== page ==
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"Arth" comes from "arthro" (Greek), meaning joint.  The suffix "itis" designates inflammation. Simply put, arthritis refers to inflamed joints.  The term is applied to various diseases of the joints and their surrounding soft tissues. A fibrous envelope called the synovium, which produces a fluid that helps to reduce friction and wear, encloses the joint. Ligaments connect the bones and keep the joint stable. Inflammation is one of the body's normal reactions to injury or disease. In an injured or diseased joint, this results in swelling, pain, and stiffness. Inflammation is usually temporary, but in arthritic joints, it may cause long-lasting or permanent disability.

There are over 100 forms of arthritis, including:

  • Rheumatoid -- a chronic, systemic, inflammatory disease that chiefly affects the synovial membranes of multiple joints in the body.
  • Gout -- when excess uric acid in the body forms needle-like crystals in joints, leading to painful, acute attacks.
  • Osteoarthritis -- the most common type, described in detail below.
  • Psoriatic -- thought to be caused by a malfunctioning immune system, leading to inflammation in and around joints.  Most of those who have psoriatic arthritis also have psoriasis.
  • Septic -- infection of a joint, affecting the synovium.          

Osteoarthritis is often associated with aging, since the older we get, the more wear and tear accumulates on our bodies’ mechanical parts.  Among older people, it is the most common cause of pain handicap.  However, arthritic problems can occur in very young people as well, especially at sites of previous injury, repetitive stress, or fractures.  For example, a baseball catcher endures enormous stress on his knees, potentially leading to wear-and-tear changes, which precede arthritis.

Diagnosing arthritis often includes evaluating symptoms, a physical examination, and X-rays, which are important to show the extent of damage to the joint. Blood tests and other laboratory tests may help to determine the type of arthritis.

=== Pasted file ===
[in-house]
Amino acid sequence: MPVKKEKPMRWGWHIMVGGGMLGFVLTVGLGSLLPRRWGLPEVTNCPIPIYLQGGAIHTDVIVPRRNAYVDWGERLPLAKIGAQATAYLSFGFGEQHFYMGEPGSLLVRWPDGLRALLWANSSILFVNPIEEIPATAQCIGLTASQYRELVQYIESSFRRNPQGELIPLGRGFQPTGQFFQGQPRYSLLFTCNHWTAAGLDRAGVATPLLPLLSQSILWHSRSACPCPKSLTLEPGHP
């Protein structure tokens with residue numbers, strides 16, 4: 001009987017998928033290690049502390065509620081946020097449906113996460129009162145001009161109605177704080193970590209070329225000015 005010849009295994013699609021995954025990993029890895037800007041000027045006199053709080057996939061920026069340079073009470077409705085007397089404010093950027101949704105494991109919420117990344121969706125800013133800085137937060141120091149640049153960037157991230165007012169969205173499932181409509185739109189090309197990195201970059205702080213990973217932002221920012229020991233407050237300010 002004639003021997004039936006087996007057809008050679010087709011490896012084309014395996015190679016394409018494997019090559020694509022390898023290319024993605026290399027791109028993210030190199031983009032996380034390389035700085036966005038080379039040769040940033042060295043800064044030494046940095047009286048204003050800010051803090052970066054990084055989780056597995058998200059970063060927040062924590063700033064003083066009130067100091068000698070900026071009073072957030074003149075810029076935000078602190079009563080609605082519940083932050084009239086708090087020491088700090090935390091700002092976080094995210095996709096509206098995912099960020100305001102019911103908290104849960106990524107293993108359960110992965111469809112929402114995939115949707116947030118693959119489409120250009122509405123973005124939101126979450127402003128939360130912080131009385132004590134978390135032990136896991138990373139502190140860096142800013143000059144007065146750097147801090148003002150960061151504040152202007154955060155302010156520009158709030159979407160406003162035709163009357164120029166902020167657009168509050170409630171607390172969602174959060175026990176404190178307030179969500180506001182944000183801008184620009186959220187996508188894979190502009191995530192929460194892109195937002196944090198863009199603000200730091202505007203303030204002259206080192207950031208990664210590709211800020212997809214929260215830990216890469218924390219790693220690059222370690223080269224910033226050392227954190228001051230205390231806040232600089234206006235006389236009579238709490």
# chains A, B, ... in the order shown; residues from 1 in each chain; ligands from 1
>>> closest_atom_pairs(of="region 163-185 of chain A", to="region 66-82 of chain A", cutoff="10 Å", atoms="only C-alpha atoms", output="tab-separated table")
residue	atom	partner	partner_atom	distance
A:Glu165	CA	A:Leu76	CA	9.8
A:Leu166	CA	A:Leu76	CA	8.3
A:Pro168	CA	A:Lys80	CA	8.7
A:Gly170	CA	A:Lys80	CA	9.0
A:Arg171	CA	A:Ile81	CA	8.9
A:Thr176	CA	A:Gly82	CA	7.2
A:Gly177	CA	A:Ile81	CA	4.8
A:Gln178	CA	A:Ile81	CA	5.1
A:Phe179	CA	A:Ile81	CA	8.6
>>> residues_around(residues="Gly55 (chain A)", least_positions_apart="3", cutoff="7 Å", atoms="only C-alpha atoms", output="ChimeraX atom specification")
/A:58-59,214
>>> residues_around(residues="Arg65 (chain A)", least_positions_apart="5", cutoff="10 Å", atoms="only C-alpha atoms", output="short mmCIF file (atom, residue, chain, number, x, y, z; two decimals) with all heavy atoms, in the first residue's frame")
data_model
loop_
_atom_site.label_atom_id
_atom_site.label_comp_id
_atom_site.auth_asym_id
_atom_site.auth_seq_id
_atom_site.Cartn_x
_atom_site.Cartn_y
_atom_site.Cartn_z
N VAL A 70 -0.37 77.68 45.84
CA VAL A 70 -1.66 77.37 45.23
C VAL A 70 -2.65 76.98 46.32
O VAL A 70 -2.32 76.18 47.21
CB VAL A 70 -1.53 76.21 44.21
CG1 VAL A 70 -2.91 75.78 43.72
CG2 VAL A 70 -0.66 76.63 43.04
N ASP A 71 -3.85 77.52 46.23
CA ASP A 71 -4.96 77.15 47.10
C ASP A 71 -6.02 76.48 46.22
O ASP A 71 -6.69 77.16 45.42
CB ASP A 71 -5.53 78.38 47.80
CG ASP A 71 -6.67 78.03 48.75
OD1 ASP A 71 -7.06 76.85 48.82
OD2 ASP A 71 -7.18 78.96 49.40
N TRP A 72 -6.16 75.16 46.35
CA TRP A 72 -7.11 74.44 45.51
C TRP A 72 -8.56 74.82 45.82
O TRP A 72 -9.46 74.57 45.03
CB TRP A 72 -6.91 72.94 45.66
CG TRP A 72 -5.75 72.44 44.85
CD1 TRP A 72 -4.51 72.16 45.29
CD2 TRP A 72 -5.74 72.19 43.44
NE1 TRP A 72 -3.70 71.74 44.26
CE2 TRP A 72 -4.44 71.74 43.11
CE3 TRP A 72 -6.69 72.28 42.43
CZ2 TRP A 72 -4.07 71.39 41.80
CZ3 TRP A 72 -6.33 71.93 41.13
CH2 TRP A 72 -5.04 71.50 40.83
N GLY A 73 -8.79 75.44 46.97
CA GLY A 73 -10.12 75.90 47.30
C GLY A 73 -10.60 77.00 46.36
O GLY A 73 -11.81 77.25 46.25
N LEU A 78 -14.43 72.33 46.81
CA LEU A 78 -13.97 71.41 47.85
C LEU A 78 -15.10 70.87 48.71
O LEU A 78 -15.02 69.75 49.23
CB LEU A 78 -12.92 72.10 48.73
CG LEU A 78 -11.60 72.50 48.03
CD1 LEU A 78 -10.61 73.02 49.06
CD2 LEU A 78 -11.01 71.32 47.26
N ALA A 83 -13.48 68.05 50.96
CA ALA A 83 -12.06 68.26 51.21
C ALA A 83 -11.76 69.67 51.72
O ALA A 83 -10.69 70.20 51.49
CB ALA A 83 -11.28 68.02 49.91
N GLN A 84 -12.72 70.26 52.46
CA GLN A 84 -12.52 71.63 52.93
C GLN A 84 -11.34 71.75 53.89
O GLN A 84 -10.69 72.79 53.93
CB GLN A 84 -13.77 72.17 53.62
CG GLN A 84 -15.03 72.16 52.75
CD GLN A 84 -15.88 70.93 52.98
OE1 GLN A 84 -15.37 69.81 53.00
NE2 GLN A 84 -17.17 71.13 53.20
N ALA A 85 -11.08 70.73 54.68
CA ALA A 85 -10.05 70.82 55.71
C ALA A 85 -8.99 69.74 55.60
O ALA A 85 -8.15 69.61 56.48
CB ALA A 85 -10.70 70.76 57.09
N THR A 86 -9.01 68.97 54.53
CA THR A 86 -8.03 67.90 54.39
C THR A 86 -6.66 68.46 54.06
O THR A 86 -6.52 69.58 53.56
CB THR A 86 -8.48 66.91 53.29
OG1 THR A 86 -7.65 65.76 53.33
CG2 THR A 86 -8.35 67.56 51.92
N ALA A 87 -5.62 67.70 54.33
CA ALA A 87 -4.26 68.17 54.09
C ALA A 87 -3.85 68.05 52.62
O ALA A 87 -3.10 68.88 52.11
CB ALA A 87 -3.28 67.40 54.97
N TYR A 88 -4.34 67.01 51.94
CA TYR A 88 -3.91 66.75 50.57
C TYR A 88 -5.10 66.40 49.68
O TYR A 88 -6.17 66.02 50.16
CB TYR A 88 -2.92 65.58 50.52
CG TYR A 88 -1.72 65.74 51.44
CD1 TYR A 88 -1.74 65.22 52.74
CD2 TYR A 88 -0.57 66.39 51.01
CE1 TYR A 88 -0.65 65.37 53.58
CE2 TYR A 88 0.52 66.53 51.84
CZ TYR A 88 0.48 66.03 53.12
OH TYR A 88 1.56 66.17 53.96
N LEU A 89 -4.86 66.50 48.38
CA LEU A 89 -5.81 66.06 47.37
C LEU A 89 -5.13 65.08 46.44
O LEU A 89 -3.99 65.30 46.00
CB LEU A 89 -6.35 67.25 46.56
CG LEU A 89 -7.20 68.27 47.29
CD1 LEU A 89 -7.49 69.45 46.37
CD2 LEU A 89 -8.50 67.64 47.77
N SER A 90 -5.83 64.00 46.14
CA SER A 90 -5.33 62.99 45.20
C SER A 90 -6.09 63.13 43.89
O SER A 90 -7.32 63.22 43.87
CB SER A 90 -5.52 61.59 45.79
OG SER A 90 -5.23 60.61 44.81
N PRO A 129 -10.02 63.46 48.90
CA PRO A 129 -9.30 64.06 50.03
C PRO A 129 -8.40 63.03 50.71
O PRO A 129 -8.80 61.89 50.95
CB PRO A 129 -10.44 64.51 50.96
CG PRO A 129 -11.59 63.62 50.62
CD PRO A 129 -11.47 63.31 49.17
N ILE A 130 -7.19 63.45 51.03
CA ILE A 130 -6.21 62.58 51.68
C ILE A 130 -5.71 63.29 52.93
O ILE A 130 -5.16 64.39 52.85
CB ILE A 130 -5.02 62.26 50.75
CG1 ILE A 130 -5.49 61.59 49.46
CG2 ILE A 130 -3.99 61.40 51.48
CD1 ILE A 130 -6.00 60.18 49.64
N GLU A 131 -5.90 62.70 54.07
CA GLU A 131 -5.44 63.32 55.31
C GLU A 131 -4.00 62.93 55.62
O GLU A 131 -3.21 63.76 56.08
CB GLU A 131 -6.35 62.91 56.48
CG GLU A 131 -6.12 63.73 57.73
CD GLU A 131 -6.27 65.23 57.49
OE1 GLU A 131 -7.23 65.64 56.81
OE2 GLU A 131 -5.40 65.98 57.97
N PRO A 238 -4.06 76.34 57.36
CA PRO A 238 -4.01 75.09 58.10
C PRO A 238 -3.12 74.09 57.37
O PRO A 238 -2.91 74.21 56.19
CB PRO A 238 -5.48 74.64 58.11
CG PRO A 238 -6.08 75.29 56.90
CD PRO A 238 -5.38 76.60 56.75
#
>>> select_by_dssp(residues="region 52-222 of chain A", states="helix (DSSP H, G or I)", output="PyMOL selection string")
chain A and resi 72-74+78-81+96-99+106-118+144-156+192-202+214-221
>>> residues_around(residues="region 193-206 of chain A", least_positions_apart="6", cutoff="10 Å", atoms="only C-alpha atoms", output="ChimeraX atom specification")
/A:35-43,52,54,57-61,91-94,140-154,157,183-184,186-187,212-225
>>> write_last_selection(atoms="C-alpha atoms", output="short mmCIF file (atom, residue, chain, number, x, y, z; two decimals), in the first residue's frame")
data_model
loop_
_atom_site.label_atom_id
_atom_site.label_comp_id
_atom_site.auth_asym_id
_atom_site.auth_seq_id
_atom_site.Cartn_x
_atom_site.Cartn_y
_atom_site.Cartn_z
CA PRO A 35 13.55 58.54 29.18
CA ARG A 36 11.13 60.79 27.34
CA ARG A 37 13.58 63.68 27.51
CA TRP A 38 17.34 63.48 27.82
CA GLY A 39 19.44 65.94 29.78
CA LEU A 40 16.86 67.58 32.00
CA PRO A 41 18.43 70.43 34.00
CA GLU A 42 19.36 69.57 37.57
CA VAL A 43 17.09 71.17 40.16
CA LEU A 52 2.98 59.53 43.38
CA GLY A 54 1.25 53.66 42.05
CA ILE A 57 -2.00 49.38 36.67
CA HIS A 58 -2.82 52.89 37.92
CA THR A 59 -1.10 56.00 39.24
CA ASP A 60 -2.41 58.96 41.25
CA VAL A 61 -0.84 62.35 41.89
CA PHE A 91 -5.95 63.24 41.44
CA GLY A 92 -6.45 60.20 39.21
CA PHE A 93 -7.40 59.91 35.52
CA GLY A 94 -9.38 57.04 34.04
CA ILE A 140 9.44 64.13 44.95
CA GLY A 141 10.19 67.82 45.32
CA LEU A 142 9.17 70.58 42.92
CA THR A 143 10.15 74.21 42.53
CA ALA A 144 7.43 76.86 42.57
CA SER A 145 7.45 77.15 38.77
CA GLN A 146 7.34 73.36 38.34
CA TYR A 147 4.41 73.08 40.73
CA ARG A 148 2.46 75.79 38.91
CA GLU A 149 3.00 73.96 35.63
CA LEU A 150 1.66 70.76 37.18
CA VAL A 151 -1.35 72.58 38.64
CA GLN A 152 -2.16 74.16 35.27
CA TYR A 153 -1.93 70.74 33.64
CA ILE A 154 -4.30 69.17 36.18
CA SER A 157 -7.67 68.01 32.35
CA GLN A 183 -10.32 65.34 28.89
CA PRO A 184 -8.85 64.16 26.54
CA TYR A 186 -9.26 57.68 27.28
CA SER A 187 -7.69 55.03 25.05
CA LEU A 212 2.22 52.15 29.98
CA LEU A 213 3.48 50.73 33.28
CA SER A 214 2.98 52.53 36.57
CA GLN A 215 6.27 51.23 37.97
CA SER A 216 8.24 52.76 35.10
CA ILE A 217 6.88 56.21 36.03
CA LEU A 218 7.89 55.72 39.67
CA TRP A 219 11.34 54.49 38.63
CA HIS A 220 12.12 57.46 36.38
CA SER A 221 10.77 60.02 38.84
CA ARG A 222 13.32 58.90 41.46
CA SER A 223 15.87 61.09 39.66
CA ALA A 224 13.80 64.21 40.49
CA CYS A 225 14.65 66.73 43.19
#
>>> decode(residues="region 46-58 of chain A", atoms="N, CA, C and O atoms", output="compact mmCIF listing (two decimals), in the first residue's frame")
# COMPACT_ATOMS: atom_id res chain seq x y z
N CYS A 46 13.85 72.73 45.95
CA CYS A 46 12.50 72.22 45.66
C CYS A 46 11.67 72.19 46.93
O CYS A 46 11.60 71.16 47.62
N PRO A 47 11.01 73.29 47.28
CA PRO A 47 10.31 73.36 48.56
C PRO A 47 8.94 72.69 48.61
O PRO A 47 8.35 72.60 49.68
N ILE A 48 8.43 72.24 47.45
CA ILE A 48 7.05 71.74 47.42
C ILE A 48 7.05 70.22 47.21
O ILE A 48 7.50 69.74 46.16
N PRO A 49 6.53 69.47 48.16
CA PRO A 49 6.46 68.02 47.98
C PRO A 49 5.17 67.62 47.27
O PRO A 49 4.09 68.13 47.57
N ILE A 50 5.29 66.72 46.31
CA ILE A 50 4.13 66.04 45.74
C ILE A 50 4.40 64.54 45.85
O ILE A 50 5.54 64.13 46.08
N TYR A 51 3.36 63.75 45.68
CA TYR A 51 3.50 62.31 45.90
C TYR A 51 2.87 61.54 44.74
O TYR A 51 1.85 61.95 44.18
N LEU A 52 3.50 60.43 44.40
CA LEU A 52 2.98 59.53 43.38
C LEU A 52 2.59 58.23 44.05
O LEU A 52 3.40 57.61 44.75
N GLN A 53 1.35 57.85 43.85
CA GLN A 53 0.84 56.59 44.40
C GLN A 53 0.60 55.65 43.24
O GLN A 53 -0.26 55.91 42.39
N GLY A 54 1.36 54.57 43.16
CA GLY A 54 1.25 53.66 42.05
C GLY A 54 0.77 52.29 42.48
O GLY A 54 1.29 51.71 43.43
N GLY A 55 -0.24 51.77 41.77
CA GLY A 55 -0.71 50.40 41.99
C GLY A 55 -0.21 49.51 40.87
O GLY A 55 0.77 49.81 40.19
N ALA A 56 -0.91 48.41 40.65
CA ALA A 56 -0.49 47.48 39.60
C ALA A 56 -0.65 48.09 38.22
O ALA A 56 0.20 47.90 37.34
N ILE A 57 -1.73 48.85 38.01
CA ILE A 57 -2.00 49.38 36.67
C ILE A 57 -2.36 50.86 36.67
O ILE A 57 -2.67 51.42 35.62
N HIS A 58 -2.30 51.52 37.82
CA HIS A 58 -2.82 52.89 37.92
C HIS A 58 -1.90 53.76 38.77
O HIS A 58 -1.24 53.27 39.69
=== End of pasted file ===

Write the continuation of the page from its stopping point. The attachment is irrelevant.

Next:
Onset.  Physical changes of arthritis begin long before pain begins.  Ninety-five percent of people older than 15 already have arthritic changes in their elbow joints.  By the time pain is experienced damage is often quite advanced.  The usual wear and tear damage begins with fraying of the surfaces of cartilage, which becomes increasingly “raggedy”. The changes in the cartilage are perceived as foreign bodies by the immune system, which releases destructive enzymes further damaging the cartilage.  Tearing or thinning or changing of the shape of the cartilage can then result.  In later stages, with the cartilage virtually worn away, bone on bone grinding occurs, accelerating damage to the bone itself.

Pain. There are many ways in which arthritis joint changes can lead to pain: inflammation from the immune system’s attempt to heal the damage can spread to and involve surrounding tissues, e.g. muscles, nerves, ligaments, tendons, veins.  Osteophytes are bony growths often generated by the body in an attempt to patch up an injury.  These can lead to compression of nerves and other tissues.  Discs between the back vertebrae can protrude into other spaces compressing and interfering with nearby tissues.  With over 200 separate joint surfaces in the body, and their surrounding soft tissue structures, one can see that arthritic pain can be generated in multiple ways, and in virtually any location in the body.